And this is, really, the biggest issue I have with the book: the critical tone it borrows from ethnic studies, indigenous studies, and critical race theory that she draws on. It is one thing to write for scholars who oppose hegemonic anglo-protestant narratives, but it is another thing to write for an audience of hegemonic anglo-protestants. The book is too full unveilings and critiques to appeal to a readership that is simultaneously audience and target. So while I agree with what Rohrer is saying, I am afraid that her book will turn off haoles who read it, even those who go out on a limb and try to meet her halfway. Issues of style, rather than substance, may keep the message from getting across.
In contrast, Vowell is readable — at time even cloying. As a refugee of the early-oughts blogosphere explosion I recognize Vowell’s post-David Foster Wallace style and, frankly, it drives me nuts (perhaps this is the narcissism of minor differences at work). Additionally, much of the prose seems formulaic. There is a strong tendency, for instance, for every paragraph to end with a droll and incongruous sentence to make sure the reader decides to read the next paragraph. Still, Vowell calls it like she sees it morally, giving the thumbs down both to the terrifyingly close-minded missionary Hiram Bingham even as she condemns King Kalakaua (venerated in Hawaii for his support of traditional cultural activities) as spendthirft who subsidized his sybaritic lifestyle through the opium trade. Vowell’s frankness, and her ability to pain herself as a sympathetic narrative voice, make the normative elements of the book go down pretty easy.
The historical element in both books are strong. In fact, both authors take books that are ostensibly about Haoles and turn it into a history of Hawaii. But again there are differences, notably in terms of evidence. At time Rorher’s book focuses so much on the wrongs done to Hawaiians that the haoles of her title disappear from sight altogether and the books becomes a history of Hawaii. What little evidence she does use take the form of (oldish) newspaper clippings, rehashing the histories of court cases, or some extremely brief analysis of economics indicators — as a result there is little in the way of data bout the lifeworlds of Hawaii and where concepts of haoles (and the actual white people themselves) fit in. It may be that as a short introductory volume the book isn’t suppose to have much in the way of data, but a more skeptical audience would want to see more proof in the pudding.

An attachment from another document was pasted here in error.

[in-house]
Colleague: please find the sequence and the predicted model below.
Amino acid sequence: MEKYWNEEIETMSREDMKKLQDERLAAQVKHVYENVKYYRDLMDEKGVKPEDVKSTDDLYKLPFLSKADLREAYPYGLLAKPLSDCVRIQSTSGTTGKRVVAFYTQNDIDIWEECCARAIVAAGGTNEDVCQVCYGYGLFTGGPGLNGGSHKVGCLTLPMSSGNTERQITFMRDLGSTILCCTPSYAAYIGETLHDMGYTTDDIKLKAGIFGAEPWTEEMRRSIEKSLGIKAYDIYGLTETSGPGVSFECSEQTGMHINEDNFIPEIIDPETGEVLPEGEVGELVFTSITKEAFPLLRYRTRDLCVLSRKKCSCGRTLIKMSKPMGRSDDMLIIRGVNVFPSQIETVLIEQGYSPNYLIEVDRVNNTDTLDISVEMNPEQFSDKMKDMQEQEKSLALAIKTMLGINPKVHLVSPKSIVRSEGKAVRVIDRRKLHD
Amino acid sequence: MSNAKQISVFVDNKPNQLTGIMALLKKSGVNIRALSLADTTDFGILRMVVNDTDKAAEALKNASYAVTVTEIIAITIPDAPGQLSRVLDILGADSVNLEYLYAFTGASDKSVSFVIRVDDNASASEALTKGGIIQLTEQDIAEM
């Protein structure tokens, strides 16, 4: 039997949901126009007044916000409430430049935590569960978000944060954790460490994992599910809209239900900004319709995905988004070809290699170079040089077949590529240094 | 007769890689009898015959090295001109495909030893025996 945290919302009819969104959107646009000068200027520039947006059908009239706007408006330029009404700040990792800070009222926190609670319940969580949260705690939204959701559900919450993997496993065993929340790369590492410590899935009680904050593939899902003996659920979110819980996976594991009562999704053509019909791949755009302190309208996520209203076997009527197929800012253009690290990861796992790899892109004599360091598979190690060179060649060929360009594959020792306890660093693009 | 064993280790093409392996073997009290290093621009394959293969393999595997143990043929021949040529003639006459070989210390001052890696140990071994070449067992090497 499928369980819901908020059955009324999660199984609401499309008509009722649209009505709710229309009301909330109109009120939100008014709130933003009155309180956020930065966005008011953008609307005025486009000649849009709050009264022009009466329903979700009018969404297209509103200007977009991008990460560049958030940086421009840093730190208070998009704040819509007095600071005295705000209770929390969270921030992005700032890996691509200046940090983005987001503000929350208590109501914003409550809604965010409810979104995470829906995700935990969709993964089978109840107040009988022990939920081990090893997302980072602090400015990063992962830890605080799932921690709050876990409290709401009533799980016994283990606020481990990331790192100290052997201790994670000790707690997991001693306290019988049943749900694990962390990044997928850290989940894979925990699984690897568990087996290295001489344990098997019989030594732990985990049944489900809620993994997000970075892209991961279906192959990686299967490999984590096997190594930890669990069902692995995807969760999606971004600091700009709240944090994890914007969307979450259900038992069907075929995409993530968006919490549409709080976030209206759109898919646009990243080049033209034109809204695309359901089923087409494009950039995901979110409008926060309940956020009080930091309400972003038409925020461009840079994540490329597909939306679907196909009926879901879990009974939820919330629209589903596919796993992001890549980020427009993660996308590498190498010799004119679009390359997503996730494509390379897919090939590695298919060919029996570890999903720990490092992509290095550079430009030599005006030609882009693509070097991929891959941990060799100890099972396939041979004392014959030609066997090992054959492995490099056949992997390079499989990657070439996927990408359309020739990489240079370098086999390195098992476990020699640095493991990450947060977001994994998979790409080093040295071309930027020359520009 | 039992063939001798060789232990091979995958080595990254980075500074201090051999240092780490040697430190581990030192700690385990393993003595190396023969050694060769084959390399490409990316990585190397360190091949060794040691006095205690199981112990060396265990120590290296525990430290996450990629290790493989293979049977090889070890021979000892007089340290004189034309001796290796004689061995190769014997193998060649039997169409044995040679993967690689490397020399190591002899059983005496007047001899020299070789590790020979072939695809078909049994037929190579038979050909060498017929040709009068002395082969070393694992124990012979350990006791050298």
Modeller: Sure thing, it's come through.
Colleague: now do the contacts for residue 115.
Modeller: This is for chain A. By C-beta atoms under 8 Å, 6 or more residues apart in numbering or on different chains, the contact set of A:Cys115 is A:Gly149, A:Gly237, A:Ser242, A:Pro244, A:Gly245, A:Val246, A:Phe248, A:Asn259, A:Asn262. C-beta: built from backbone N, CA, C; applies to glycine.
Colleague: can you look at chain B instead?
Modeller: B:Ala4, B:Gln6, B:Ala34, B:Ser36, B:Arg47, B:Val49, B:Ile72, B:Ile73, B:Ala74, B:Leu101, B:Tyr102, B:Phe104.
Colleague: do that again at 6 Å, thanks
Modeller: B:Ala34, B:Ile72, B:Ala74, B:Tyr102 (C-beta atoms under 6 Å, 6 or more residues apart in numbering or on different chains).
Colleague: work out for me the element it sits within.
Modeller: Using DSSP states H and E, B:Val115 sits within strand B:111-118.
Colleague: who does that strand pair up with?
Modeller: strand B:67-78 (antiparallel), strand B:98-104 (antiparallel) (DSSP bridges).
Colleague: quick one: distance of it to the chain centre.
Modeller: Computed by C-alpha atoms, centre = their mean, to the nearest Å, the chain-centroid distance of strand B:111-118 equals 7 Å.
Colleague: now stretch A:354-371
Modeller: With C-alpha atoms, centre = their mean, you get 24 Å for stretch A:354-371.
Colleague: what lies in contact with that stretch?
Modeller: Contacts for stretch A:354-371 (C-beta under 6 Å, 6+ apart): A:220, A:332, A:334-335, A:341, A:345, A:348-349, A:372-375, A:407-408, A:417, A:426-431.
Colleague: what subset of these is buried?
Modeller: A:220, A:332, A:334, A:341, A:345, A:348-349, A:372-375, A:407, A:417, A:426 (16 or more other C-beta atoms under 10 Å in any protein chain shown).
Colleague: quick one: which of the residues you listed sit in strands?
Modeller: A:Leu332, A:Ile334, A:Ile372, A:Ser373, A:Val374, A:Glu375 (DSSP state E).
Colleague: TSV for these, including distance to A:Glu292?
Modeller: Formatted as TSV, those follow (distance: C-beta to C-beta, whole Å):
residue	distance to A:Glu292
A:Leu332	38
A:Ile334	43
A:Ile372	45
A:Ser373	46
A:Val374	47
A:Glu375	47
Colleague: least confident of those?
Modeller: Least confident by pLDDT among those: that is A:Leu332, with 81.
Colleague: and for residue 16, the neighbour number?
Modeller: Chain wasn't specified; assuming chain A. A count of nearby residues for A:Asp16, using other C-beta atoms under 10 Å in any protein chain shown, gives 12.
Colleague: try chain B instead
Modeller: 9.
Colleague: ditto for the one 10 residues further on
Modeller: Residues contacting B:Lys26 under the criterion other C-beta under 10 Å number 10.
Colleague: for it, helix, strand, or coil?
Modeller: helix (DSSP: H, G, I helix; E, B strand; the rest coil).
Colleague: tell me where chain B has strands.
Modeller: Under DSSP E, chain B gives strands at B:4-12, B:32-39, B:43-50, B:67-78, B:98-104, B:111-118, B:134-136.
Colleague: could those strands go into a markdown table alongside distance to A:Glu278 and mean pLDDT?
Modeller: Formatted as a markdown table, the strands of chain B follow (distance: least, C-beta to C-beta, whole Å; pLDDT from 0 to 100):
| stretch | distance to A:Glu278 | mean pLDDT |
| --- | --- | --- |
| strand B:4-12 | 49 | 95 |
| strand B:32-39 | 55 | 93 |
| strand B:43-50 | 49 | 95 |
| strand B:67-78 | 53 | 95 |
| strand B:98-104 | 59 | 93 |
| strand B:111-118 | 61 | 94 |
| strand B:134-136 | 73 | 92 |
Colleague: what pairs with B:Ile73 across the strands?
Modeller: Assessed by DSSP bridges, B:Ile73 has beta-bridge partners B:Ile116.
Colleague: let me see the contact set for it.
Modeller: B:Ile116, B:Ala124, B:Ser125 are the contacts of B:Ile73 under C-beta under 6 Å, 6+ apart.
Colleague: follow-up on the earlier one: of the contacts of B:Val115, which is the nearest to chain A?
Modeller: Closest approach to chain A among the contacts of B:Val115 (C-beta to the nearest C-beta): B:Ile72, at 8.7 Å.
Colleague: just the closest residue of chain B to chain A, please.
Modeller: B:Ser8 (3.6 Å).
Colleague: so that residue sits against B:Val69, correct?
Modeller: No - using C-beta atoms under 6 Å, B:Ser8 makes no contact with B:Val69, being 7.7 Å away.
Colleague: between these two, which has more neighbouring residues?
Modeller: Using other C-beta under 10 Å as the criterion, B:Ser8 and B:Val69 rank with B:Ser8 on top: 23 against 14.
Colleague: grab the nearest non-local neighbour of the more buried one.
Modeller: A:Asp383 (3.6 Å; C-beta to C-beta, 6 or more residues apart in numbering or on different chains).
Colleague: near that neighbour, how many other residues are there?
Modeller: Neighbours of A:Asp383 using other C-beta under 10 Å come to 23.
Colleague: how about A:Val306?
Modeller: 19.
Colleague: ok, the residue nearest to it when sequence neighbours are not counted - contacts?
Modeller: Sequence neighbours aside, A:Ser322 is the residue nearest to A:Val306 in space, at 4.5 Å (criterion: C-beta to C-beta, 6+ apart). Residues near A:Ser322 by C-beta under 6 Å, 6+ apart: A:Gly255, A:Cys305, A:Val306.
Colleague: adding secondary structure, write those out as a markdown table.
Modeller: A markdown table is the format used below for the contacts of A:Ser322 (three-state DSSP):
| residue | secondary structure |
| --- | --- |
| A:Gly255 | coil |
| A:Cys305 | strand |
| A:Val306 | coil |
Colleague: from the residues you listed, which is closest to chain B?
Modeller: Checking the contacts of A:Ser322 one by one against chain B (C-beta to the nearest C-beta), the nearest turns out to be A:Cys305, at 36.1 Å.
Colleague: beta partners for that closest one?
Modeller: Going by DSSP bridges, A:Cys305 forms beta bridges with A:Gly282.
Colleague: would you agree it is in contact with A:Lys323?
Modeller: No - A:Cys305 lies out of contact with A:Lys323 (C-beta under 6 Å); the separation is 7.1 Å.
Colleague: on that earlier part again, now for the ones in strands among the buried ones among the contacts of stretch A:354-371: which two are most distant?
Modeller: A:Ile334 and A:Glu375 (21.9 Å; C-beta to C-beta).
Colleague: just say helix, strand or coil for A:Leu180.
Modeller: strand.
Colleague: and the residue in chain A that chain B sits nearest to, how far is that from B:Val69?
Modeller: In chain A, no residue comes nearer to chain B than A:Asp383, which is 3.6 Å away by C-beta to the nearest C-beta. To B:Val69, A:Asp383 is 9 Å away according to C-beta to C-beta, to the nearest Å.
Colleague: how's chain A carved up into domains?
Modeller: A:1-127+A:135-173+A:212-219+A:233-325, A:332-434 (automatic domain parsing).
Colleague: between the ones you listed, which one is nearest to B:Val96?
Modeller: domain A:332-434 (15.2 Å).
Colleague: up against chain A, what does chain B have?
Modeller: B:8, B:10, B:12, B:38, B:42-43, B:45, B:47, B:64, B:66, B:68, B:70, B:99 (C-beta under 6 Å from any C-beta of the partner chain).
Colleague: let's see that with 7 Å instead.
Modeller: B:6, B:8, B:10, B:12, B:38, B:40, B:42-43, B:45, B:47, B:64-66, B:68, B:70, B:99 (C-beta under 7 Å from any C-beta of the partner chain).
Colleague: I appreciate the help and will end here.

In contrast, Vowell has done a much better job of historical research than anyone could reasonably expect her to. It’s clear she loves quoting salacious bits from the archives — and in the case of the incredibly repressed Yankees who landed on Hawaii’s shores, it’s not hard to find salacious bits. In fact, Vowell accomplishes most of the work of denouncing the evils of colonialism simply by quoting the colonizers, who were frankly, shockingly brutal people. At times this tendency goes to far. The last third of the book pretty much gives up inserting bits of travelogue into her book and lapses into straight narrative history (think: book report). In fact, towards the end certain pages are mostly cut-and-pastes of legal texts.
In sum, I eventually came to like Vowell’s book because of its level of detail and its unique personal voice. Rohrer’s book will doubtless be taught more often here in Hawaii and probably works better in an academic setting, but it lacks ethnographic thickness and fails to meet skeptical audiences half way. The lesson I take from the two is that it is the how, not the what, of writing that makes it accessible to a broader audience. It is not that certain positions are unacceptable to the public, but rather that ways of conveying them and creating one’s self as an authoritative, trustworthy author are key to getting your message across.
I recently finished reading The Trashing of Margaret Mead: Anatomy of an anthropological controversy by Paul Shankman. I’m reviewing the book for Anthropological Forum and a full write-up will appear there, but I wanted to take a second to write up my impressions for Savage Minds since I think the book is definitely worth a nod.
Trashing of Margaret Mead is to date the most definitive and thorough analysis of the Mead-Freeman ‘debate’ that has been published so far. Most readers of the blog will be familiar with this debate: After Mead’s death Freemon wrote a scathing critique of her book Coming of Age in Samoa which claimed that she had totally misunderstood Samoa and (to make a long story short) this proved that a more sociobiological version of anthropology was needed. Things got extremely ugly, extremely personal, and extremely well-publicized as some people claimed Mead’s defenders relied on a knee-jerk political correctness, while others claimed the Freeman was an evil lunatic. And then…